STR: Short-term rentals outperform hotels in three US markets

US: Short-term rentals in three key US cities showed substantial month-to-month performance growth and posted higher occupancy than hotels in the market, according to October 2020 data from data benchmarking and analytics provider STR.

Building on STR’s hotel performance database, Philadelphia, Nashville and Miami are the first three US markets where the company has expanded its benchmarking offerings via a pilot study. Included in the STR short-term rental sample are both multifamily and single-family short-term rentals.

October 2020 short-term rental performance, month-over-month comparisons:
Philadelphia
  • Occupancy: 70.9 per cent [+26.4 per cent]
  • Average daily rate [ADR]: US$169.97 [+5.3 per cent]
  • Revenue per available room [RevPAR]: US$120.51 [+33 per cent]

Philadelphia’s hotel industry recorded a 49.2 per cent occupancy level for the month.

Nashville
  • Occupancy: 58.6 per cent [-2.5 per cent]
  • ADR: US$133.08 [+24.3 per cent]
  • RevPAR: US$78.05 [+21.2 per cent]

Although down month over month, Nashville’s short-term rental occupancy came in well above hotel occupancy in the market, which was up 13.1 per cent to 44.1 per cent.

Miami
  • Occupancy: 83.3 per cent [+2.1 per cent]
  • ADR: US$117.89 [+12.9 per cent]
  • RevPAR: US$98.24 [+15.3 per cent]

October occupancy for Miami hotels came in at 41.6 per cent.

Four months ago, a joint global analysis by STR and AirDNA highlighted in preliminary findings that short-term rentals had outperformed traditional hotels across 27 global markets during the pandemic, reporting significantly higher occupancy rates between March 2019 and the week ending with 27 June 2020.

Another joint report in August showed that rentals were weathering the pandemic better than hotels in 27 global markets, comparing the impact of the coronavirus crisis on hotels and short-term rentals from January 2019 through to 27 June 2020.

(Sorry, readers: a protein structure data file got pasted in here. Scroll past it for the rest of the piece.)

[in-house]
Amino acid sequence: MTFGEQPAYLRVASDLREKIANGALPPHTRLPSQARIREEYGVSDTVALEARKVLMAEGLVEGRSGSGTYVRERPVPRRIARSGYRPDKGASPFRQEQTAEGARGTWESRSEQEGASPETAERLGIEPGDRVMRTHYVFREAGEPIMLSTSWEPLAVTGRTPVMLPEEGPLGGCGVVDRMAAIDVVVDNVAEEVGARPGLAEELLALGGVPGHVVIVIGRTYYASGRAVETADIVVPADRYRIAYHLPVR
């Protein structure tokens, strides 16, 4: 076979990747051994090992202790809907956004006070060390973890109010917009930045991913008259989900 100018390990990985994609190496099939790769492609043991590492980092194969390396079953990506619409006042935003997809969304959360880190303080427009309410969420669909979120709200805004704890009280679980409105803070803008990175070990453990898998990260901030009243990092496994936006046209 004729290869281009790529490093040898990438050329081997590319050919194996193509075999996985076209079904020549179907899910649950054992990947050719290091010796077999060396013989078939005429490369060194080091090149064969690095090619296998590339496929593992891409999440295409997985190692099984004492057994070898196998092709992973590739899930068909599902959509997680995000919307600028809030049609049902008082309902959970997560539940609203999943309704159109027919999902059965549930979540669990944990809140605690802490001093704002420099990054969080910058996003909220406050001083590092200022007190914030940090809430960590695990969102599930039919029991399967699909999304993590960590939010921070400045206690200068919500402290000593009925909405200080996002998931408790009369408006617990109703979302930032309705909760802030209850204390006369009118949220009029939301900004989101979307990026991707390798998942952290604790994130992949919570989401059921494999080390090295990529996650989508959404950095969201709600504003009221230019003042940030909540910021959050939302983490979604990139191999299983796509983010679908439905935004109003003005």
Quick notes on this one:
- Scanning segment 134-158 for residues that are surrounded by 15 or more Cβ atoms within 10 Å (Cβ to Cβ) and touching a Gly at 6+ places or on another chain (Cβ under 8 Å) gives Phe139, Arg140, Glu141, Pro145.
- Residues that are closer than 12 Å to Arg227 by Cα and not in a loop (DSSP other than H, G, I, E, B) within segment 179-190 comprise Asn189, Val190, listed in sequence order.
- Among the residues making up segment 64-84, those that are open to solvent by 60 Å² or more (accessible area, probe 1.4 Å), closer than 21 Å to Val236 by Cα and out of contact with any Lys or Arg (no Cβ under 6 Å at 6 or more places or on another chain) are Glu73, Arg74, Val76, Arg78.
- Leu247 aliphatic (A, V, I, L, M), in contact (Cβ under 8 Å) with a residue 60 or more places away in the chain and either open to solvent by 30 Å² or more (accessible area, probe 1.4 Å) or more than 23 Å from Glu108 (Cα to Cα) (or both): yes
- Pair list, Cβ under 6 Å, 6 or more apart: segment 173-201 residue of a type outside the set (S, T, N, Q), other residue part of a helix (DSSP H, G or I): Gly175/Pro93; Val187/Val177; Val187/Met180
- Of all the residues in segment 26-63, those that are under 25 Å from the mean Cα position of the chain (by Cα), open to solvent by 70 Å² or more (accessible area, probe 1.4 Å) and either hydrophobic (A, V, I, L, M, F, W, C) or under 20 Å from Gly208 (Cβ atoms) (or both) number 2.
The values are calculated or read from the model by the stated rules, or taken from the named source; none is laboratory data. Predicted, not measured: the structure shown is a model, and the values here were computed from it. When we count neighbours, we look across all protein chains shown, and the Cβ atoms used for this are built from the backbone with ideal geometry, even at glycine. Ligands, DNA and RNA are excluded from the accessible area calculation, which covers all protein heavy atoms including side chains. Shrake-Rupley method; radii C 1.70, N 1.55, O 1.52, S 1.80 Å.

Though both accommodation types were badly affected during the worst weeks of the pandemic, as the report highlighted, the features that differentiate short-term rentals from hotels – such as full-service amenities, living space, larger properties and inventory in more remote destinations  – have proven to be vital assets during the pandemic. Guests were looking for accommodation where they could safely socially distance and comfortably stay for longer periods of time, as data from AirDNA show that length of stay increased by 58 per cent during the pandemic.

October 2020 data from STR also revealed that the short-term rental sector in London in England reached its highest occupancy level since February.

Occupancy for the sector last month was 62.4 per cent, an increase of 5.9 per cent from September [58.9 per cent], and its absolute level was noticeably higher than the 29.2 per cent occupancy level for hotels in the market.

Average daily rate [ADR] for short-term rentals in London dropped by 10.3 per cent to £97.99, which was an overall steeper decline than its hotel equivalent in the market, coming in at -4.4 per cent month over month to £89.49.

London is the first international short-term rental market where STR is expanding its benchmarking offerings via a pilot study. Like in the United States, multi-family and single-family short-term rentals are included in STR’s short-term rental sample.

Founded in 1985, STR provides premium data benchmarking, analytics and marketplace insights for global hospitality sectors. The company maintains a presence in 15 countries with a corporate North American headquarters in Hendersonville, Tennessee, an international headquarters in London, and an Asia Pacific headquarters in Singapore.